Thanks again for coming here to chat about the book – I’m happy to continue the conversation (and hopefully many others will read it & continue debating its arguments)!

  3. 5 Ron Becker

    This is an interesting and I think important conversation. Thanks Jason, Mobina, Mike and Elana. I have read Legitimating Television (and recommend it highly!).

    I would echo Mobina’s suggestion that we might be seeing the emergence of a substantive split within the field. Of course, to identify such a split is certainly to make an argument, not merely an observation. While Legitimating Television does NOT make this argument at all, I would argue that the exchange here is symptomatic of the fact that people have differing approaches to the study of television—different investments in certain questions and lines of inquiry. In some ways, that is an utterly banal observation since media scholars always have different investments. But sometimes those differences are so “significant” (or rather are seen as so significant by certain people) that they mark some fundamental difference for them. For me, a defining characteristic of the field of media and cultural studies (the field I “identify” with) puts the interrogation of power and media’s imbrication within relations of social, economic and cultural power at the center of analysis. Not all work on TV does this, nor does it have to do it. But I would assert that such work is not doing the media and cultural studies scholarship–at least as I see it. I use the term “identify” here to underscore that these dynamics are a form of “identity politics” (here, of professional identity). As such, they are imbricated within relations of power as well.

    Of course people will argue that there is no value in drawing such lines. And the debate will likely get even more heated when scholars disagree on what “the interrogation of power” looks like. Just such a disagreement seemed to be at the heart of the political economy/cultural studies debates. Having explicit conversations about those differing views can be valuable (helping to clarify our notions of power/politics); they might also be frustrating, since they may reveal that we have fundamentally different conceptualizations of power/politics and/or different ideas about what kind of work is best described as TV studies or TV and cultural studies.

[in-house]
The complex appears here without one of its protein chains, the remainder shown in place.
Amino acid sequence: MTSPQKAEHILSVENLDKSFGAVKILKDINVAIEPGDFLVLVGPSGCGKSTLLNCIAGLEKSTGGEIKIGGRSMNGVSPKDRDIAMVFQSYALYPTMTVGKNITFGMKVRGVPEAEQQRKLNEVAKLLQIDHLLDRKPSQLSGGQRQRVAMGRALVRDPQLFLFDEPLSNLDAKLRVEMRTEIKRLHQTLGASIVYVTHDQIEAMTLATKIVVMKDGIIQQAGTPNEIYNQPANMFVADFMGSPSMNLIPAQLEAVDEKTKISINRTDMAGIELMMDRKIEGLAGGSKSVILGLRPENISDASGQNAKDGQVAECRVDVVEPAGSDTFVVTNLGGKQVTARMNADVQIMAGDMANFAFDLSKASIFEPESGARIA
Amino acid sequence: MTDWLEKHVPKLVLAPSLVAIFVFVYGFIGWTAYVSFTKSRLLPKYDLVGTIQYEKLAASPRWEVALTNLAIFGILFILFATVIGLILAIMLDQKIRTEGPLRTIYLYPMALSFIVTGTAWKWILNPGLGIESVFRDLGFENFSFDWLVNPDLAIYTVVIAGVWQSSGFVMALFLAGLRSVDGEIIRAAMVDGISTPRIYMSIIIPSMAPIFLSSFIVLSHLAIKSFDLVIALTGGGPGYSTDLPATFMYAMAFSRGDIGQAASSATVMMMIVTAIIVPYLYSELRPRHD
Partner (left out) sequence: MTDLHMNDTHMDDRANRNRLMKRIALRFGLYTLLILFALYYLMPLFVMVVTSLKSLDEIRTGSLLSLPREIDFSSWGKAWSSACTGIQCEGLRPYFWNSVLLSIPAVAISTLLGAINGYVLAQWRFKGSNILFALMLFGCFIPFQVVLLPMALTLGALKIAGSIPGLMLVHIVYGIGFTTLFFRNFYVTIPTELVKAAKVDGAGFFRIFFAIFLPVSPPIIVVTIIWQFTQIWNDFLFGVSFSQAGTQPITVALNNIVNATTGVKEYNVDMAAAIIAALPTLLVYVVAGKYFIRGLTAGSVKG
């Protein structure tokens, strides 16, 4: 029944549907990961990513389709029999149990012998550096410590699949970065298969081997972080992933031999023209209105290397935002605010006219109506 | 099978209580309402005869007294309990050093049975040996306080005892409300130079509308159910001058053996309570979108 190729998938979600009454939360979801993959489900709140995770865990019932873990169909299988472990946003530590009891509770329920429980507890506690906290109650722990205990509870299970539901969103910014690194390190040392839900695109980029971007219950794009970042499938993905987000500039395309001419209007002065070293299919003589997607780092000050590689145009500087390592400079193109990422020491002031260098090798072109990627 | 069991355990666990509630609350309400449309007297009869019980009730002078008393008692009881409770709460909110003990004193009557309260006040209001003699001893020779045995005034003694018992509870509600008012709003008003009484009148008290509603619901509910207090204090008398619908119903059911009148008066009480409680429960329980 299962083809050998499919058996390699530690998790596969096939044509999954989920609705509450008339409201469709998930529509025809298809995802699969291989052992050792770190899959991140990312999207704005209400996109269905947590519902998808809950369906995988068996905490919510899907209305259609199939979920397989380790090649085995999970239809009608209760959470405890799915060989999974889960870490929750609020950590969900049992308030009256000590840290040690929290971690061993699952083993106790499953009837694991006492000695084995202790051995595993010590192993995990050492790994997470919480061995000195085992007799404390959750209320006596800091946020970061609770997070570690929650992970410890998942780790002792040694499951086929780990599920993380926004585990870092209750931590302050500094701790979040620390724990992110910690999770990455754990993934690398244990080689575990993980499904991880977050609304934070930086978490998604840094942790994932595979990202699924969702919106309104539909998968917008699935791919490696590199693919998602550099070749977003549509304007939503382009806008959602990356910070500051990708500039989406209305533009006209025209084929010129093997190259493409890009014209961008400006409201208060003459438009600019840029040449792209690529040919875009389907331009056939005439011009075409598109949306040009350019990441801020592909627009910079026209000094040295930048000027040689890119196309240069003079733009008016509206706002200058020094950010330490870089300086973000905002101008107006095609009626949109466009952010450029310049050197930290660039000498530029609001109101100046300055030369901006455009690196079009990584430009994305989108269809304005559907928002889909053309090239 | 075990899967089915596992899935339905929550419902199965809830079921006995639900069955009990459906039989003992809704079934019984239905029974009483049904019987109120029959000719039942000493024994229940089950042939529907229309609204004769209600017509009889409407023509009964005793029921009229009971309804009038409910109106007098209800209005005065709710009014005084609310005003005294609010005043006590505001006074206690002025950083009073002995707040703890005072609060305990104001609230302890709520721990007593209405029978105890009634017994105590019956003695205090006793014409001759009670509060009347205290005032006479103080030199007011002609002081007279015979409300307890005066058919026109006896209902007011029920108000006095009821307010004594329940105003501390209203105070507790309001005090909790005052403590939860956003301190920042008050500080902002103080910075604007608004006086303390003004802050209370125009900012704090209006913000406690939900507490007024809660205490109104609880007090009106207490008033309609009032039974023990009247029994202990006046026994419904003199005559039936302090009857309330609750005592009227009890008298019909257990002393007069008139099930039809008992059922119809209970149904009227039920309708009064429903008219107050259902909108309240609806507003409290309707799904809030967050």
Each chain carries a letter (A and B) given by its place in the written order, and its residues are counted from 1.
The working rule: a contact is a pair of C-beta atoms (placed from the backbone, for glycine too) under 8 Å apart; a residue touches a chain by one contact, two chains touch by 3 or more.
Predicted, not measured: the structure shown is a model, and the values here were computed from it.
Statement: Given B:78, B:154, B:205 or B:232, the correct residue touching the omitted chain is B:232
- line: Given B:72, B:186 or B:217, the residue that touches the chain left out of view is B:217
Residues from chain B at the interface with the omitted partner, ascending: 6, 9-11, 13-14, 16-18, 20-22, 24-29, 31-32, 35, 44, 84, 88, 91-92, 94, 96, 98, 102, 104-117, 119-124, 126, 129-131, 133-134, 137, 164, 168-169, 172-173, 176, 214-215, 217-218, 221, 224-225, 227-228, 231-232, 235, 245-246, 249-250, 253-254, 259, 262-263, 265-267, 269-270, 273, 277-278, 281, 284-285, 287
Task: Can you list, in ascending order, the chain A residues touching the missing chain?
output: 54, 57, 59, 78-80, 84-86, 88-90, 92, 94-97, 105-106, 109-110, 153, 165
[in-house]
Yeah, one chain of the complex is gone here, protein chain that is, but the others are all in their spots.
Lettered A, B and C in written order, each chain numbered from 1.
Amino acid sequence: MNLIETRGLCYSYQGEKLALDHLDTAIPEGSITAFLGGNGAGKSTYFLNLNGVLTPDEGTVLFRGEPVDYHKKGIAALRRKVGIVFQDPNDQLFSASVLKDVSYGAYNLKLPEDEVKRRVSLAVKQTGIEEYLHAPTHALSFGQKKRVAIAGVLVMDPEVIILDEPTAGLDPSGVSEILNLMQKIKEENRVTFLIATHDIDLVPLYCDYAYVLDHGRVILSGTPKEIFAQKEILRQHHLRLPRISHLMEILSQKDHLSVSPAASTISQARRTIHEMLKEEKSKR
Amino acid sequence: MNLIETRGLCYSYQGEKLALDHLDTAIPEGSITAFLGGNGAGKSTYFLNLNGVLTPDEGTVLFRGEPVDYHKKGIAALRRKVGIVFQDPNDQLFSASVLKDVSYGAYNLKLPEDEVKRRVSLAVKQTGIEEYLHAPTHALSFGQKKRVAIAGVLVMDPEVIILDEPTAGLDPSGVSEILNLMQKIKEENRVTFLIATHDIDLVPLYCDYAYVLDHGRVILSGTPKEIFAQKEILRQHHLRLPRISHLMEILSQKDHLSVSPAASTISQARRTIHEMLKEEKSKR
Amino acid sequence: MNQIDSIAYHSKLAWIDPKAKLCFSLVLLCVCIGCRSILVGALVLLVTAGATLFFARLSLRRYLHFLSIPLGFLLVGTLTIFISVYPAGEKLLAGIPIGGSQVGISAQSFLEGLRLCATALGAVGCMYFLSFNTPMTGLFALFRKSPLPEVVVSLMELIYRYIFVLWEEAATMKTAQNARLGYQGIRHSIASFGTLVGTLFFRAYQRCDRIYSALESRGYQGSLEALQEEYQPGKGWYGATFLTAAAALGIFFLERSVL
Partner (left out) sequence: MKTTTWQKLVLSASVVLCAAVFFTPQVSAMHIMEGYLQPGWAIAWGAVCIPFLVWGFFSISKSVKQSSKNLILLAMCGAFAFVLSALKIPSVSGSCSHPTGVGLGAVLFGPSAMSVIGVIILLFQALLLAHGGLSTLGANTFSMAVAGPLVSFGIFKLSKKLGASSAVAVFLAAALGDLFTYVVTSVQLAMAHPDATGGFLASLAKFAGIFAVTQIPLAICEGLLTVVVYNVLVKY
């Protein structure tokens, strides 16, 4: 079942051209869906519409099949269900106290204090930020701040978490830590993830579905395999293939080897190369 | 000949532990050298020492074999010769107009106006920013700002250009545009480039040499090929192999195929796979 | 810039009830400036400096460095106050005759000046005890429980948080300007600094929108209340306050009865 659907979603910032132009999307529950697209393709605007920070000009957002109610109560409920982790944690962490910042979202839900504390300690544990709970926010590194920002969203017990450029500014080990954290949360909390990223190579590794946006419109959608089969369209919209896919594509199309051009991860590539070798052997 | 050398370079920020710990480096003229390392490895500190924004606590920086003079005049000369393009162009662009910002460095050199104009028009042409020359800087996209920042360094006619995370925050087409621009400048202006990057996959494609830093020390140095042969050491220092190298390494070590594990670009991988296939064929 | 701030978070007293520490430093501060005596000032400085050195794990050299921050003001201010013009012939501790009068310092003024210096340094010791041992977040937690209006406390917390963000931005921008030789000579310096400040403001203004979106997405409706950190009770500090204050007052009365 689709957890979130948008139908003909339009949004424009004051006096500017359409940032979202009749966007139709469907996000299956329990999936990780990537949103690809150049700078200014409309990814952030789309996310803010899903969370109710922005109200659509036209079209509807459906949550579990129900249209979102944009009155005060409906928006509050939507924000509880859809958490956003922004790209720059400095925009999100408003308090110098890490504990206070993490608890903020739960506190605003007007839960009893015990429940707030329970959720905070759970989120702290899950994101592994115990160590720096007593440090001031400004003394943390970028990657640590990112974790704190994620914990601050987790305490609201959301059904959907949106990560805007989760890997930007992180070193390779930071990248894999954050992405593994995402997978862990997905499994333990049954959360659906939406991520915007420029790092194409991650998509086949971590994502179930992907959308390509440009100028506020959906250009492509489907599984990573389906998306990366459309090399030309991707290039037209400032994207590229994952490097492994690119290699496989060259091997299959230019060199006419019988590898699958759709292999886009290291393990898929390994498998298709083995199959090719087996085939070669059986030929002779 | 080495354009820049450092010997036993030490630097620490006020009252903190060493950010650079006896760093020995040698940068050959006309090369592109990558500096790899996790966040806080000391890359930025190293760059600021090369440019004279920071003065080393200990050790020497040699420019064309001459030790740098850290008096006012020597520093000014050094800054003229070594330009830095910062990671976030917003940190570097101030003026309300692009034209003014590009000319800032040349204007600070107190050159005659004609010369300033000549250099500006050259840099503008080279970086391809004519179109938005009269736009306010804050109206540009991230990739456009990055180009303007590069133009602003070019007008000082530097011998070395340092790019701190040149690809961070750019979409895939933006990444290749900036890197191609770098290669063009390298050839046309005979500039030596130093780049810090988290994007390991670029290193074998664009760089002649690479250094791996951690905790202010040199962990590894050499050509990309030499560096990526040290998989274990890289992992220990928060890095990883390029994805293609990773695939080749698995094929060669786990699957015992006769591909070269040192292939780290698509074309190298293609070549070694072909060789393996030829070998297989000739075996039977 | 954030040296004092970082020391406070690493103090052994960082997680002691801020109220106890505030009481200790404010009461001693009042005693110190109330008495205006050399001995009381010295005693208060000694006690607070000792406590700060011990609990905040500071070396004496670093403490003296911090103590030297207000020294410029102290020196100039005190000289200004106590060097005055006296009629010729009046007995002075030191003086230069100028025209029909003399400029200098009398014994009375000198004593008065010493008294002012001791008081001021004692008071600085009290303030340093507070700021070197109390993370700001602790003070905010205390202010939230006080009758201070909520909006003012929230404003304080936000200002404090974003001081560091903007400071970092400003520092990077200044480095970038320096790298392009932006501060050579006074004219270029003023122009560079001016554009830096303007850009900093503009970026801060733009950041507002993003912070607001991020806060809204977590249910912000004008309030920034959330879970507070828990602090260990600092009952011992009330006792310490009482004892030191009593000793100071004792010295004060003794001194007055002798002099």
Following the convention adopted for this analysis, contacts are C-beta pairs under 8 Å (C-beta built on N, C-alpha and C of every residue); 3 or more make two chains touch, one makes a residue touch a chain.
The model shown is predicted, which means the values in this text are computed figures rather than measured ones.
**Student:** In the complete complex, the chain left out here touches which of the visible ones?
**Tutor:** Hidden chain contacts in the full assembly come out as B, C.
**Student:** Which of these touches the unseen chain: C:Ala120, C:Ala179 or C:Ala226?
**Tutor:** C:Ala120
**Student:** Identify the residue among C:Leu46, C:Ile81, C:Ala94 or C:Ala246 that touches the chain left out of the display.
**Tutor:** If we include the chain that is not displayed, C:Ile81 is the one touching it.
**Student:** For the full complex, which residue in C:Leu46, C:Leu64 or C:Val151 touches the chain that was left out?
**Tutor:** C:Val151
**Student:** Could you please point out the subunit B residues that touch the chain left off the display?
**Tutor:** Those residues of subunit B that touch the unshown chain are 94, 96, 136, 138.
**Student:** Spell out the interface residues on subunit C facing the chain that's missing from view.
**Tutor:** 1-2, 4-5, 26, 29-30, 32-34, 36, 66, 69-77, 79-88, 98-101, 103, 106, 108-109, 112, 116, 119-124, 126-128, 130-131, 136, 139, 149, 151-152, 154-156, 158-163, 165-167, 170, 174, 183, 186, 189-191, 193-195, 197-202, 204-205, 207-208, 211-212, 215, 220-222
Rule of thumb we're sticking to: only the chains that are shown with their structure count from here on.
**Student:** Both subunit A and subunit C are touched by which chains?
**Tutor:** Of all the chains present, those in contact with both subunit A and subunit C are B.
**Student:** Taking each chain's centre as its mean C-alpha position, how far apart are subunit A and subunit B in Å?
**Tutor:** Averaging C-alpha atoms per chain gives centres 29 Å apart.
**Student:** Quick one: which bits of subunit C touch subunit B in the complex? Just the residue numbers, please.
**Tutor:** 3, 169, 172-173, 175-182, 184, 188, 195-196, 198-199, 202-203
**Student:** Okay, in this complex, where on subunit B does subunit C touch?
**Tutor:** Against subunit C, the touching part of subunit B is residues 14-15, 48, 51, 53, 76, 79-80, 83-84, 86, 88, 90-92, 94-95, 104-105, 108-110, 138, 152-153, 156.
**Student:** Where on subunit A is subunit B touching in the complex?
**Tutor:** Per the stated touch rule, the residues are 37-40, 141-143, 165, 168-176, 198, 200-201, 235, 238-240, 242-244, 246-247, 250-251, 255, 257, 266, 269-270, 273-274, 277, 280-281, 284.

I look forward to reading Jason’s proposal for a third way. I hope that the kind of evaluative criticism that has emerged recently can dovetail productively into work that interrogates media’s imbrication within relations of power as I conceive them.


    • Ron,

      Thanks for joining the conversation (which really should be happening on the Terrace in Madison!). I agree that this is potentially a split within the field (and also agree that this is not the topic or argument of the book), but I would hope that it functions more as distinct areas of interest & emphasis, rather than subfields exerting orthodoxies. Right now, it fields like most faculty positions within television studies are generalists, needing to teach across eras, genres, methods, and perhaps even nations. While there are certainly topics & approaches that I am not particularly invested in as a researcher, I recognize that I need to treat them all with respect as a teacher & colleague. While certainly there are disagreements, I think one of the great benefits of our field is the ability to talk through them respectfully – but we all know fields where that’s not the case. So I hope that as the field grows (hopefully) and specialties become more distinct (inevitability), we can all debate productively about differences, but as a field focus more on what we share.

      (And we can agree that anyone reading this should read Legitimating Television as a great conversational launchpad…)

  1. 1 Jason Mittell’s Third Way: A Preview | initiative für interdisziplinäre medienforschung
  2. 2 The Qualities of Complexity: Aesthetic Evaluation in Contemporary Television « Just TV
  3. 3 Book Review: Legitimating Television by Newman and Levine « Media Milieus
  4. 4 Complex TV: Evaluation « Just TV